Pear Deck is a super cool tech tool that I just learned about recently. It is a Chrome Extension that allows you to create interactive slide presentations. Teachers can create new presentations directly on Pear Deck or can import presentations from PowerPoint or Google Slides. Then they can make those presentations interactive by embedding activities directly in the Pear Deck slides that students need to stop and complete during the presentation.
Disclosure: I have no affiliations with Pear Deck. I just like sharing tools that help World Language teachers provide more CI to their students.
At first, I was skeptical about using Pear Deck in a comprehensible input (CI) class, because when I searched for examples of how language teachers use Pear Deck, the videos I saw were of teachers doing explicit grammar instruction or output activities (I had a similar reaction when I first learned about Flipgrid, which you can read about here and here). As I have said many times before, explicit grammar instruction, forced output, and heavy correction of errors are not components of a CI language classroom, so I initially decided that Pear Deck was not for me.
Then I watched the amazing Elicia Cárdenas present about Pear Deck in a Fluency Fast webinar, in which she demonstrated some of the interactive, input-based activities she used when presenting with Pear Deck. Based on what Elicia shared and what I’ve seen in video tutorials, I’ve compiled a list of some of the ways world language teachers can provide CI using Pear deck:
1. Drag and Drop: Post descriptions of characters in the TL from a well-known class reading and have students drag the name of each character to the correct description. Alternatively, you can use the drag and drop function to take sentences from a well-known story and ask students to put the sentences in chronological order.
2. Draw: Post sentences in the TL and have students use Pear Deck to draw pictures to illustrate them.
3. Fill in the blank: Write an incomplete sentence from a well-known reading and have students fill in the blank using the text feature to complete the sentence.
4. Write a response: Show a picture and talk about it in the TL. Then ask the students questions about the picture in the TL for them to answer.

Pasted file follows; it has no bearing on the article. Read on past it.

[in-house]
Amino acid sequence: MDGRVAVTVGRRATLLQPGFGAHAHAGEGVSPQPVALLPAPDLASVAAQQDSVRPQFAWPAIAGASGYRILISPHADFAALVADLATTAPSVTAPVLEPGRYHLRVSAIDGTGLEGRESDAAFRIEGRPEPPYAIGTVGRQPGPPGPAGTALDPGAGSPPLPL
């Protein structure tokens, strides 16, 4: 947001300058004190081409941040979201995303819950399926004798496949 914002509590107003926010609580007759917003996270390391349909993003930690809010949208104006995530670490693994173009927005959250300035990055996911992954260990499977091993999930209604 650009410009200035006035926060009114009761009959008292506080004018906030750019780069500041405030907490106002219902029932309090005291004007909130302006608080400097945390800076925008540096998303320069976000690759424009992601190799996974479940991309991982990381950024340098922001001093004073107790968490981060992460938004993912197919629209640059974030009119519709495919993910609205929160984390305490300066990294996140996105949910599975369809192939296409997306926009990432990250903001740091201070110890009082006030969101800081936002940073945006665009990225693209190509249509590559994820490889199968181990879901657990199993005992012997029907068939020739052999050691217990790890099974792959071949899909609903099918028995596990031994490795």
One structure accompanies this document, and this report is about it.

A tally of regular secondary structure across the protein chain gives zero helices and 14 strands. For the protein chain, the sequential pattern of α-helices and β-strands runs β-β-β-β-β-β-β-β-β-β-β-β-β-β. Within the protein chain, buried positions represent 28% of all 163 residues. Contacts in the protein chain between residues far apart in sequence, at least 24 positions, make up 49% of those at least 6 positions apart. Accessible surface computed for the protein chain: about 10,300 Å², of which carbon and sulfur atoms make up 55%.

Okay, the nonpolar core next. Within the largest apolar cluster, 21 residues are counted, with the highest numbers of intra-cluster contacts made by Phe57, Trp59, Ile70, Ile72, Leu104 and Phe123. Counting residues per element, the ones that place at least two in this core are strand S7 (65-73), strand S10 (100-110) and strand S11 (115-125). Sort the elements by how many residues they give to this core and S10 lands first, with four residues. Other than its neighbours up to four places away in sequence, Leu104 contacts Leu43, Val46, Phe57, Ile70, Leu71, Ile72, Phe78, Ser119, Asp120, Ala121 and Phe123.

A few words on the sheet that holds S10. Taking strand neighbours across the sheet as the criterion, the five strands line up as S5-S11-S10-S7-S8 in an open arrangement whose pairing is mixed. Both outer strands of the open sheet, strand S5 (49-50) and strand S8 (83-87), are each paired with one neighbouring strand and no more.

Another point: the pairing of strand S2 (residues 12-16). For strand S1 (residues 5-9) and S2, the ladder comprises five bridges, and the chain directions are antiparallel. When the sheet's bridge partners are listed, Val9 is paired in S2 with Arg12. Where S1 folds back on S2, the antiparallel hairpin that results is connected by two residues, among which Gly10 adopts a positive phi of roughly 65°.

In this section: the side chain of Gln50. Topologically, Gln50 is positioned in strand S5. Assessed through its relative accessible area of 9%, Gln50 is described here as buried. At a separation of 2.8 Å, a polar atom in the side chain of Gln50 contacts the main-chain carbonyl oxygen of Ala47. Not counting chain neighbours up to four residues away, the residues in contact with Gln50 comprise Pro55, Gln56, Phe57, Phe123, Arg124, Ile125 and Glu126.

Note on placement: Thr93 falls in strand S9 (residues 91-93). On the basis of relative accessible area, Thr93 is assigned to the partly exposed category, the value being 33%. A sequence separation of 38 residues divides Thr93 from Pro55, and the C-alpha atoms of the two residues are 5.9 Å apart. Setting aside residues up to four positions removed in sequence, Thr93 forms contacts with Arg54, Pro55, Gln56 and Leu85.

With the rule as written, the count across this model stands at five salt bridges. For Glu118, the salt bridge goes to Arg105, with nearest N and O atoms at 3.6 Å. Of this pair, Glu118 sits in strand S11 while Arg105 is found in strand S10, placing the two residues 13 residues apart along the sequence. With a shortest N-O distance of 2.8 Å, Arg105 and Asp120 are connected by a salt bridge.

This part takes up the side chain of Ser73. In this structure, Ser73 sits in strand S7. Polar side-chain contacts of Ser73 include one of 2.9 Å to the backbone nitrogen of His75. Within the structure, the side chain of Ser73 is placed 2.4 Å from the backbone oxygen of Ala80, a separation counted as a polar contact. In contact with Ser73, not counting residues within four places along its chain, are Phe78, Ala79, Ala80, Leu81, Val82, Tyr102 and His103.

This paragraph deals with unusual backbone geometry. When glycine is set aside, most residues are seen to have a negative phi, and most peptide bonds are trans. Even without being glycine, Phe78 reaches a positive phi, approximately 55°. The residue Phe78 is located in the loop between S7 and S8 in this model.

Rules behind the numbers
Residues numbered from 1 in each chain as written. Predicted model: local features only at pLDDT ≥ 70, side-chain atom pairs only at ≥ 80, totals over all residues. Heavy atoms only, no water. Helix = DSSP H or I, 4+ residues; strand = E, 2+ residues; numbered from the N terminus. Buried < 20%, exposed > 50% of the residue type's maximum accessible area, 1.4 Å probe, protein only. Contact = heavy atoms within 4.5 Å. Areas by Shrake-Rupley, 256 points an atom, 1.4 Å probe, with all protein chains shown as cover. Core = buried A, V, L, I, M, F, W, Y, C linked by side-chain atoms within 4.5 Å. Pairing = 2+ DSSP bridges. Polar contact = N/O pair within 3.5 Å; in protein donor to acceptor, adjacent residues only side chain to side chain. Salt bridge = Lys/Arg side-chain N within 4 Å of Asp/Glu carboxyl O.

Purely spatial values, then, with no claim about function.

Alternatively, you can request details during storyasking and have students type in their suggestions.
5. Multiple Choice: Post a question in the TL about something you’ve been talking or reading about and have students choose a correct answer.
6. Listen and write/draw: The premium version of Pear Deck lets you add audio to your slides, which students can listen to and then respond by writing or drawing.
I always notice that when I give presentations in class, there are certain students who disengage, even if they know that they are going to have to complete an assessment afterwards about information from the presentation. That’s just the nature of middle school students. Pear Deck obligates them to engage and interact throughout the presentation, which I hope will help them retain information and further their proficiency in the TL.
So far I have only talked about using Pear Deck in physical classes, but many of the features I have spoken about will transfer to a synchronous, virtual class taught via video conferencing software like Zoom or Google Hangouts. I am not conducting synchronous classes, but I can still use Pear Deck in student mode, which allows students to interact with a presentation independently at their own pace.
If you are interested in learning more about Pear Deck, you’ll find more information on their blog and a TON of video tutorials on the Pear Deck YouTube channel. Pear Deck does have a free version, but unfortunately many of the features I’ve spoken about here are only available in the paid version. But if school districts continue distance learning in the fall, it may be work the expense.